Musk is in the space freight business, hauling materials and equipment from earth to sky, a kind of twenty-first century Cornelius Vanderbilt in the making. Elsewhere, rich men lust jealously for space now that Earth's challenges have proven tiresome. John Carmack, the co-founder of iD software and co-creator of Doom started Armadillo Aerospace in 2000, eyeing space tourism via a sub-orbital commercial craft. Amazon Founder Jeff Bezos helped found another private spaceflight company, Blue Origin, in the same year. And of course, Virgin Group founder Richard Branson established Virgin Galactic in 2004, to provide sub-orbital space tourism as well as orbital satellite launch. In 2008, Richard Garriott, the role-playing game creator and son of American Skylab astronaut Owen K. Garriott, paid Space Adventures a reported $30 million to be flown via Russian Soyuz spacecraft to the ISS. Just four years later, Branson’s Virgin Galactic was selling tickets for sub-orbital rides on SpaceshipTwo for a mere $200,000. Ashton Kutcher and Katy Perry have already signed up. TMZ Galactic can’t be far behind.
In grade school during the early days of the Shuttle program, I remember writing and illustrating “astronaut” as a response to the dreaded “what do you want to be when you grow up” prompt. I didn’t really want to be an astronaut, but I knew that unlike my first inclination, garbage collector, it would be accepted as a suitably ambitious aspiration.
Space, once a place for governments and dreamers who would really just be civil servants, has become a playground for the hyper-affluent. Owen Garriott was an engineer from Oklahoma and a U.S. Naval Officer selected for life science service in space. Richard Garriott was a lucky rich guy with connections. We don't have flying cars, but we have a billionaire who sells electric cars to millionaires. We don’t have space vacations, but we have another billionaire who will take you on a magic carpet ride for two-hundred large. Today, a kid who says “I want to be an astronaut” is really just saying “I want to be rich.” Isn’t that what everyone wants? All of today's dreams are dreams of wealth.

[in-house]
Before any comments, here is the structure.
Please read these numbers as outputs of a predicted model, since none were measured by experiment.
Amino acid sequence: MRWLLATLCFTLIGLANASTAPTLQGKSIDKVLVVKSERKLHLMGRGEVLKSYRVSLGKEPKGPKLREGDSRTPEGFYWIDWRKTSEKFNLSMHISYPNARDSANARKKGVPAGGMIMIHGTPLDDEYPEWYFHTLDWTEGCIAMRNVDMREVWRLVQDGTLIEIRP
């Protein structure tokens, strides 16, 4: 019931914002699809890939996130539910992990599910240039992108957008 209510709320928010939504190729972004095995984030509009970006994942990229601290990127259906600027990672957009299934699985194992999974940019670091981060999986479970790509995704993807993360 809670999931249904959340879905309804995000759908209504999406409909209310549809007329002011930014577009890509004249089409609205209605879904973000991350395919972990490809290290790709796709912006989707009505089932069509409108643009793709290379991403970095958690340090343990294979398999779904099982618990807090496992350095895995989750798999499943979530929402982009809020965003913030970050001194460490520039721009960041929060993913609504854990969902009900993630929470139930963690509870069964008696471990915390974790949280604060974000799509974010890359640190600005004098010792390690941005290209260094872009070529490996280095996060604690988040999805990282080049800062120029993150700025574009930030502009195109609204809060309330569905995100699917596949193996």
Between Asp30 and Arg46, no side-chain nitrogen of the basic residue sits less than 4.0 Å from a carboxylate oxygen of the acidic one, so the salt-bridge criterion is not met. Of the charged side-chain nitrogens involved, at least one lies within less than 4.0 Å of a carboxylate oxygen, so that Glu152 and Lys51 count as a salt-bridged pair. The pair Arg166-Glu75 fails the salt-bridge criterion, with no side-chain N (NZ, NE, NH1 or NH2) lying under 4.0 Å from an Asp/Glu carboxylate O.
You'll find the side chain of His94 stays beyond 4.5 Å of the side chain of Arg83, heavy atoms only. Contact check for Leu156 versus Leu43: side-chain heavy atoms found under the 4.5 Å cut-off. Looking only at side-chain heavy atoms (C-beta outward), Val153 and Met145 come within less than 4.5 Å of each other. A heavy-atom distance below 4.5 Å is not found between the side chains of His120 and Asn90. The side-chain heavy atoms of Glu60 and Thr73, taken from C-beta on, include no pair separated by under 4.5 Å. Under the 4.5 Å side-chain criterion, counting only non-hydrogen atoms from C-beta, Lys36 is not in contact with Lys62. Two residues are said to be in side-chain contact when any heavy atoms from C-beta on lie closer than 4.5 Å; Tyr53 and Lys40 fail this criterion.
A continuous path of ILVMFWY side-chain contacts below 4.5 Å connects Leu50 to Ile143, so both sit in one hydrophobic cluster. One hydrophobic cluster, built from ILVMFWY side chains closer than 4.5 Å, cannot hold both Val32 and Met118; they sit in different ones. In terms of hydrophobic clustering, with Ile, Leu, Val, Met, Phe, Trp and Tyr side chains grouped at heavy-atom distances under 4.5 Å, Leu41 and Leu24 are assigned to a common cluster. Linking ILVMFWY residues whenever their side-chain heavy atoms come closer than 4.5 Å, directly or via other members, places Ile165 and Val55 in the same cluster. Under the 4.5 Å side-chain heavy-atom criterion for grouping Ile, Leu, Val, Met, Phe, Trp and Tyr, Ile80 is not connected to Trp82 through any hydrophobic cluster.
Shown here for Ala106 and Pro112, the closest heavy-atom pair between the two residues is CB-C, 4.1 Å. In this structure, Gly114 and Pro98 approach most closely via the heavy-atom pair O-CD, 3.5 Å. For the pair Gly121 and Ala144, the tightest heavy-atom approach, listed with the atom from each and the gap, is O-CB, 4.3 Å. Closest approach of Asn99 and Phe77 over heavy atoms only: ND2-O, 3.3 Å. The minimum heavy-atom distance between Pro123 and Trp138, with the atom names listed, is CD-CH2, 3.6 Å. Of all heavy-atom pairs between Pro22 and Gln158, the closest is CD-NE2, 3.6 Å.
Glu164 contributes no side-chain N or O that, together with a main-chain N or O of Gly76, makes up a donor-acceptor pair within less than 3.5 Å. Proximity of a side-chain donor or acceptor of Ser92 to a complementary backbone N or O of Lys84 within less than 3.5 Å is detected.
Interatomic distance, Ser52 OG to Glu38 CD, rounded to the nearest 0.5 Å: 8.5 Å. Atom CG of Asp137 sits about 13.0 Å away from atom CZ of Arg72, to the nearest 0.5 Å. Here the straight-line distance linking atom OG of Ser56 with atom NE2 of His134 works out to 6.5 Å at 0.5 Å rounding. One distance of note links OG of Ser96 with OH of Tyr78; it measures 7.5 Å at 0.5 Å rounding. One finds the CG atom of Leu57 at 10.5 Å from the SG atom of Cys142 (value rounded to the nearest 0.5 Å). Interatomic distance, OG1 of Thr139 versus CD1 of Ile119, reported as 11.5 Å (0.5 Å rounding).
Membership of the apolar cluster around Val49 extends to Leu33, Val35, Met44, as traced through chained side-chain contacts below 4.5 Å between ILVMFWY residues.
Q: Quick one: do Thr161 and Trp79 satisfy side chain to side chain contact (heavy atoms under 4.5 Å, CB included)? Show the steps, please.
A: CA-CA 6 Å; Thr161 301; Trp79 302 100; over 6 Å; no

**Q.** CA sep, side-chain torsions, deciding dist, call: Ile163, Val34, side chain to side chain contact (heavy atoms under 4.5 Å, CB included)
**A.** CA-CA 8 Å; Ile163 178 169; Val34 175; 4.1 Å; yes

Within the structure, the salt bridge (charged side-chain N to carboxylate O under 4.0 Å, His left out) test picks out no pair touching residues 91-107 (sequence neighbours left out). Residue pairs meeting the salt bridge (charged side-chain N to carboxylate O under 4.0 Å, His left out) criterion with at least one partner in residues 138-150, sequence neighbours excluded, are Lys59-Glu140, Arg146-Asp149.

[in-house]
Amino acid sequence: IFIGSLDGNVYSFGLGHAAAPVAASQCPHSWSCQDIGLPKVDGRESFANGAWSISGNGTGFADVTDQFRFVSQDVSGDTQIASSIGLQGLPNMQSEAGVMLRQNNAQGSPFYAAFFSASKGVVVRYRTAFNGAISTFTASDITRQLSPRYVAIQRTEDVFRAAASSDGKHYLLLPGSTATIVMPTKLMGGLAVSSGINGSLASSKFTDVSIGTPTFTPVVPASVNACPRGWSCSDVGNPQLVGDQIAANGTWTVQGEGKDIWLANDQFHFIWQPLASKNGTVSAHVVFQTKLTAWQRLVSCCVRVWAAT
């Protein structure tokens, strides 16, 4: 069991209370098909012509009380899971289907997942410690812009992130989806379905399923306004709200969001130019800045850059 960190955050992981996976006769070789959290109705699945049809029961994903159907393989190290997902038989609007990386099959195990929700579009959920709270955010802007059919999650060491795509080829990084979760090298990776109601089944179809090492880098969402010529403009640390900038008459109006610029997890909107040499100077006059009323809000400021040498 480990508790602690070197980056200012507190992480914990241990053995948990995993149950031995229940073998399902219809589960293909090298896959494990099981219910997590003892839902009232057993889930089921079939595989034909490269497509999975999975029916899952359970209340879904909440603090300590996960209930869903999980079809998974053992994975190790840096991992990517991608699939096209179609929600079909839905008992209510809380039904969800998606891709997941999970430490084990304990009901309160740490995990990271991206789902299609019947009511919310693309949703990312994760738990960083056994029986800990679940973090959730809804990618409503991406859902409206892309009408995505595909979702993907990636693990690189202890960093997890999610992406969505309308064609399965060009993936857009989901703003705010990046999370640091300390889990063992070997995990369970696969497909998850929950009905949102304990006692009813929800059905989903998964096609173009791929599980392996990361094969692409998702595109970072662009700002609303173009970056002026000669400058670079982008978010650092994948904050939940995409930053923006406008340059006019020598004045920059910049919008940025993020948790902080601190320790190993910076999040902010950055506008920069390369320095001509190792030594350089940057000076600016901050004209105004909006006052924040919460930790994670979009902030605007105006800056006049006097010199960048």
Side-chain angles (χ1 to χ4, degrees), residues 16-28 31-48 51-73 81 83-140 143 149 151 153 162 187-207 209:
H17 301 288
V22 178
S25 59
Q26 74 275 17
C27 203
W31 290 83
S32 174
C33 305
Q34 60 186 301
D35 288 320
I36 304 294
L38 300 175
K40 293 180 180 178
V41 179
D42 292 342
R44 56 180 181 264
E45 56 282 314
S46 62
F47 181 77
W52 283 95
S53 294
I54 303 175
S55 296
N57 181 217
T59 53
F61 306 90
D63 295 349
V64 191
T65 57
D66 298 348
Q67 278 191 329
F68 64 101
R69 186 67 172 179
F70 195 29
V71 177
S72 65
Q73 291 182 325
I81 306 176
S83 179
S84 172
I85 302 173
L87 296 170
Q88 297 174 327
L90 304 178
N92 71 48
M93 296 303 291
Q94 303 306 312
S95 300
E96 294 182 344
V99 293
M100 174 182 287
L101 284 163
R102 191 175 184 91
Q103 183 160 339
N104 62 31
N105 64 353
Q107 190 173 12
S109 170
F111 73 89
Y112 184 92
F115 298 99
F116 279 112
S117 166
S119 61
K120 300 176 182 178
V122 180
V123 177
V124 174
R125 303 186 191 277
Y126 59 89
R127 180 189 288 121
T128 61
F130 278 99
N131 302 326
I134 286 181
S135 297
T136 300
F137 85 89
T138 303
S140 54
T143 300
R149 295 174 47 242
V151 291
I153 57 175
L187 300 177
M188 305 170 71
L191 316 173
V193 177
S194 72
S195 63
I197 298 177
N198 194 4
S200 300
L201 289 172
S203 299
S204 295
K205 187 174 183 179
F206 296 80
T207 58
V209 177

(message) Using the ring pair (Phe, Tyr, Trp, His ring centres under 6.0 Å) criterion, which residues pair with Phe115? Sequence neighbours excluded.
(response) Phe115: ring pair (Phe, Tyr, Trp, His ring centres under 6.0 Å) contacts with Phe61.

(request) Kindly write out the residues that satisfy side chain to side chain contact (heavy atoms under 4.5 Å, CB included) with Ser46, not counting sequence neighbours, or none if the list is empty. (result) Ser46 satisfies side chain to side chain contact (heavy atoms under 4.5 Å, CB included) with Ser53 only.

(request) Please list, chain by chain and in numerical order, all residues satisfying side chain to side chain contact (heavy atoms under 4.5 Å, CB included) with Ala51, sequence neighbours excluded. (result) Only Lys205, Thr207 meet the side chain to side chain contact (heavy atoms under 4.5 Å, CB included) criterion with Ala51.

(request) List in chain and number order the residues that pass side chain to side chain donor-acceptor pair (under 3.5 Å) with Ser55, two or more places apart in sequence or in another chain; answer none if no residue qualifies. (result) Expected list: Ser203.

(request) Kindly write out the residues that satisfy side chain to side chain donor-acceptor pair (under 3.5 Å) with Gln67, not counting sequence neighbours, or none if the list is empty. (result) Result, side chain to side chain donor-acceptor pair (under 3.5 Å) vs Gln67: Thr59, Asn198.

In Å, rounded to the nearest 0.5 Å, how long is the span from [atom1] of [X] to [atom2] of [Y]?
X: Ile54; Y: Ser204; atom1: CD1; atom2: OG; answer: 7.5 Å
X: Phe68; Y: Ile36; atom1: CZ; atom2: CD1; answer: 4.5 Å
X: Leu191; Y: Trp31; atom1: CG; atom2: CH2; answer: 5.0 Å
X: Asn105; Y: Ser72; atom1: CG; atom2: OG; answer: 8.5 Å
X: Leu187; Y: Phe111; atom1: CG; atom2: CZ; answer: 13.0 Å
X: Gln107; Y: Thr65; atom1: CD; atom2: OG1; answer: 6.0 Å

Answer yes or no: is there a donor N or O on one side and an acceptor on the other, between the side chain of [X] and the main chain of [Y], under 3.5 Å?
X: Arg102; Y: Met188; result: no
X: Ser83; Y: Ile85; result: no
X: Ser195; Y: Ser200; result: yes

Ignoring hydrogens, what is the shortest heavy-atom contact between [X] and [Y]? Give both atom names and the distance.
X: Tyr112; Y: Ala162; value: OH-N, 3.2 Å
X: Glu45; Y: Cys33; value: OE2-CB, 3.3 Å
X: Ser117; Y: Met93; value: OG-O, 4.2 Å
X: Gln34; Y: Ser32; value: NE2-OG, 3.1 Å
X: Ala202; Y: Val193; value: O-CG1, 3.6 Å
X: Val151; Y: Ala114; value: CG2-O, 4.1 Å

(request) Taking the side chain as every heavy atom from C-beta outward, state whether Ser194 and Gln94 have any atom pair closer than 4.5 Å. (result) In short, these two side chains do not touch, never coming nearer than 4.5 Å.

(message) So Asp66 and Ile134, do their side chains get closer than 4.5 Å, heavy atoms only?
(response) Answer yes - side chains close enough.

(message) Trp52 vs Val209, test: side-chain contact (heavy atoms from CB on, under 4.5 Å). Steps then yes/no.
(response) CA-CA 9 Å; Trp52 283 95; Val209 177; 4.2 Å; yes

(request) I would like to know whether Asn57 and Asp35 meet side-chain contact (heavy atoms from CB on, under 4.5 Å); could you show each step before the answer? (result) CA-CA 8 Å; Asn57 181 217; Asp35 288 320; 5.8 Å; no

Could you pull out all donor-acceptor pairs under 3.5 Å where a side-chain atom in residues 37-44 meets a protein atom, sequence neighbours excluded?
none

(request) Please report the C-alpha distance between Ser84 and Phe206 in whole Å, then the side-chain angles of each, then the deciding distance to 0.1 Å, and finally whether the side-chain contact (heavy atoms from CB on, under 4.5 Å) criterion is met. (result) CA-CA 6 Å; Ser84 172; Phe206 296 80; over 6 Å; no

The official mission of the final Space Shuttle, STS-135, reads more like a joke from The Office than a science fictional fantasy: “Space Shuttle Atlantis is carrying the Raffaello multipurpose logistics module to deliver supplies, logistics and spare parts to the International Space Station.” Among its tasks: the delivery of a new tank for a urine recycling system, and the removal of a malfunctioning space sewage pump. If only I’d known in 1982 that astronaut and garbage collector would turn out to be such similar jobs.
Despite what you read in comic books, even Stark Industries has to bend metal and mold plastic. Elon Musk will take over the task of shipping sewage pumps and waste processing units and air filtration systems to the ISS. Richard Branson will sell Justin Bieber and Mitt Romney tickets past the Kármán line. Eventually, inevitably, Mark Zuckerberg will slip a bill to the surly bonds of earth and start his own space enterprise, just to keep up with the Rothschilds. Quiet maybe-billionaire Craig Newmark will expand his eponymous service to taxi unwanted minibikes and toasters and other worldly junk into space, the Final Landfill.